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לימוד תורה

The Leadership of the Faithful Shepherd

Parsha and its fulfillment - Parashat Vaera - Rabbi Eliezer Shenvald- 5769

The events of the past week require us to re-examine fundamental issues, including the significance of leadership in the light of Jewish sources.

The beginning of our Parasha is the continuation of the previous Parasha. After the enslavement became stronger Moshe Rabbeinu appeared before G-d and cried out, “O Lord, why did You bring harm upon this people? Why did You send me? (Shemot 5:22). "And if You ask, What concern is that of yours?” I answer "I have to complain that You have sent me at all” (Rashi -Exodus Rabbah 5:22).                                                                                                       Moshe, as the leader of the nation, aches the nation's pain and speaks harshly to G-d, as questioning G-d's attributes. Hashem, resents Moshe's harsh statement: "You have criticised My methods of guiding the world, etc." (Rashi, 6:1).

For years, I was asked to lecture cadets and IDF officers about "Leadership in light of Jewish sources." One of the chapters dealt with the leadership of Moshe Rabbeinu.

Moshe Rabbeinu is the first leader of the Jewish people, and his leadership is supposed to serve as the role model of true leadership in the Jewish people. Primacy is always a kind of breakthrough and paves the way for others to follow. We have analyzed in depth the beginning of this wonderful leadership, the well-known Midrash about his election as a leader following his behavior as a shepherd:

"... Our teachers have said: Once, while Moshe our Teacher was tending [his father-in-law] Yitro’s sheep, one of the sheep ran away. Moshe ran after it until it reached a small, shaded place. There, the lamb came across a pool and began to drink. As Moshe approached the lamb, he said, “I did not know you ran away because you were thirsty. You are so exhausted!” He then put the lamb on his shoulders and carried him back. The Holy One said, “Since you tend the sheep of human beings with such overwhelming love - by your life, I swear you shall be the shepherd of My sheep, Israel.” (Shmot Rabbah 2:2).

Therefore, Moshe Rabbeinu was called רעיא מהימנא (הרועה נאמן) - the faithful shepherd.

However, in another Midrash it is explained that Moshe's test of leadership was at the time when he was a "prince" and heir to the house of Pharaoh. When he went to see the sufferings of his people. Moshe showed caring and responsibility for the fate of his people and was prepared to pay the price of losing the personal royal status in order to save a Hebrew man from the hands of an Egyptian:

"The Holy One Blessed is He said: You left aside your business and went to see the sorrow of Israel and acted toward them as brothers act. I will leave aside the upper and the lower [i.e. ignore the distinction between Heaven and Earth] and talk to you. Such is it written, " And when the L-rd saw that [Moshe] turned aside to look" (Shmot 3:4). "The Holy One Blessed is He saw Moshe, who left aside his business to see their burdens. Therefore, "G-d called unto him out of the midst of the bush" (Shmot Rabbah 1:27).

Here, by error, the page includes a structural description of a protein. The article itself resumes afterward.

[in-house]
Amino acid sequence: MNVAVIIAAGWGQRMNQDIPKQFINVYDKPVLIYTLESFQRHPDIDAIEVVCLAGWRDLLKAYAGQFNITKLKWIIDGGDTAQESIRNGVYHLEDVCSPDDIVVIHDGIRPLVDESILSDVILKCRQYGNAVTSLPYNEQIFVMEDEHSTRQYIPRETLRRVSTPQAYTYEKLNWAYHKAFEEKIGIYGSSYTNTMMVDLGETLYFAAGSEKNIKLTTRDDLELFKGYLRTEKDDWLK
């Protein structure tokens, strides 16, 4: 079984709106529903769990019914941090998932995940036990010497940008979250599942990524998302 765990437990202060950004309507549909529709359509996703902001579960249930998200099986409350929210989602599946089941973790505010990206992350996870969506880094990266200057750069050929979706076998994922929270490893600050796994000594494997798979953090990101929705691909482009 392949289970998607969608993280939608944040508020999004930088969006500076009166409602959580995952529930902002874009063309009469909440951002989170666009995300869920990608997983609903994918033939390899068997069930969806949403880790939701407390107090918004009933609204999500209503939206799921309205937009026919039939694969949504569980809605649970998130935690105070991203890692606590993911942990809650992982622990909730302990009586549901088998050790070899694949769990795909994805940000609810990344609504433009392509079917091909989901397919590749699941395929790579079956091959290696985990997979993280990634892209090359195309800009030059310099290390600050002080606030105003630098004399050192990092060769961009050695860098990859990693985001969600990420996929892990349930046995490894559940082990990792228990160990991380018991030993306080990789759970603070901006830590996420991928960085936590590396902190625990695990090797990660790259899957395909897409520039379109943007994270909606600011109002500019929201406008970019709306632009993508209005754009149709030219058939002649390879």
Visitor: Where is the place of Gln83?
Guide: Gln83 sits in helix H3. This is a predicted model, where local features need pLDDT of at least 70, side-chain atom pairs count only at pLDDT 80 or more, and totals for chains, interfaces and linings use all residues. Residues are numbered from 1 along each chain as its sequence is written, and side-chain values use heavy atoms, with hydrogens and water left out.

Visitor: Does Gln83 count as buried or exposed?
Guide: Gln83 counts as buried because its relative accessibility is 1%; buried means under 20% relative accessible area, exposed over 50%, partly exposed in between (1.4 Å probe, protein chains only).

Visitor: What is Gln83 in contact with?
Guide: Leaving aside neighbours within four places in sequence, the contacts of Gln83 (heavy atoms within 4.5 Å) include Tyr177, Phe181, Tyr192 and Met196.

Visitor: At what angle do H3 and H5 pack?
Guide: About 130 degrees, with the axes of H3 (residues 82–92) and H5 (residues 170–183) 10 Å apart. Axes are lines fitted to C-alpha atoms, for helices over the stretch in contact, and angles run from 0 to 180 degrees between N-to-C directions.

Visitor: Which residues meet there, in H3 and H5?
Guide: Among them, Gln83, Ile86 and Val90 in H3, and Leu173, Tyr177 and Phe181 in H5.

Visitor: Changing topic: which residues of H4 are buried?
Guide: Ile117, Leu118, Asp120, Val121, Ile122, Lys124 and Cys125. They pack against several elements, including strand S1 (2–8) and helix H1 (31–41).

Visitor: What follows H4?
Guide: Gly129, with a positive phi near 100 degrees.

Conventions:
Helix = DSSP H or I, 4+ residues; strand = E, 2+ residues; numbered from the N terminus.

The discovery of responsibility and caring and the willingness to pay a personal price is a supreme test of adequacy for leadership. Nevertheless, when G-d commanded him to lead the people of Israel, he runs away from power: " But Moshe said to G-d, “Who am I that I should go to Pharaoh and free the Israelites from Egypt?” (Shmot 3:11)

He is not looking for a career as a leader but was forced by the Divine command to take the yoke of leadership.

The leadership of Moshe Rabbeinu is like that of a person who represents his audience with absolute loyalty to his position without any trace of personal interest. Moshe had to deal with the people and with the elders and with the heads of the tribes even when they confronted him and challenged him. Even when the people of Israel did not make his life easy and did not respect him. He did not abandon the ship during a crisis and fought for his people.

In our lecture we wanted to distinguish between a 'leader' and a 'public emissary'.

A 'public emissary' is a function of representing the public and its needs, in a genuine way, and acts tirelessly for it.

'Leader' is a level above the public messenger. The public sees him, kind of, an exemplary figure with a vision that preserves his path. Anyone who sees the needs of the public before his eyes. Not his own needs and not the realization of his personal ambitions. A leader is one whose considerations and methods of leadership make the public trust him and follow him.

The test of leadership is when the public follows him even when he is required to deal with demanding challenges and with crises, and even when the public is forced to follow a path that has a price that needs to be payed.

Such a leader prepares the model that will follow with the implementation of his vision forward and continuity. And when the time comes, when his mission comes to an end, he hands him the leadership's headquarters.

This was the leadership of Moshe Rabbeinu. And we have to learn from it today.

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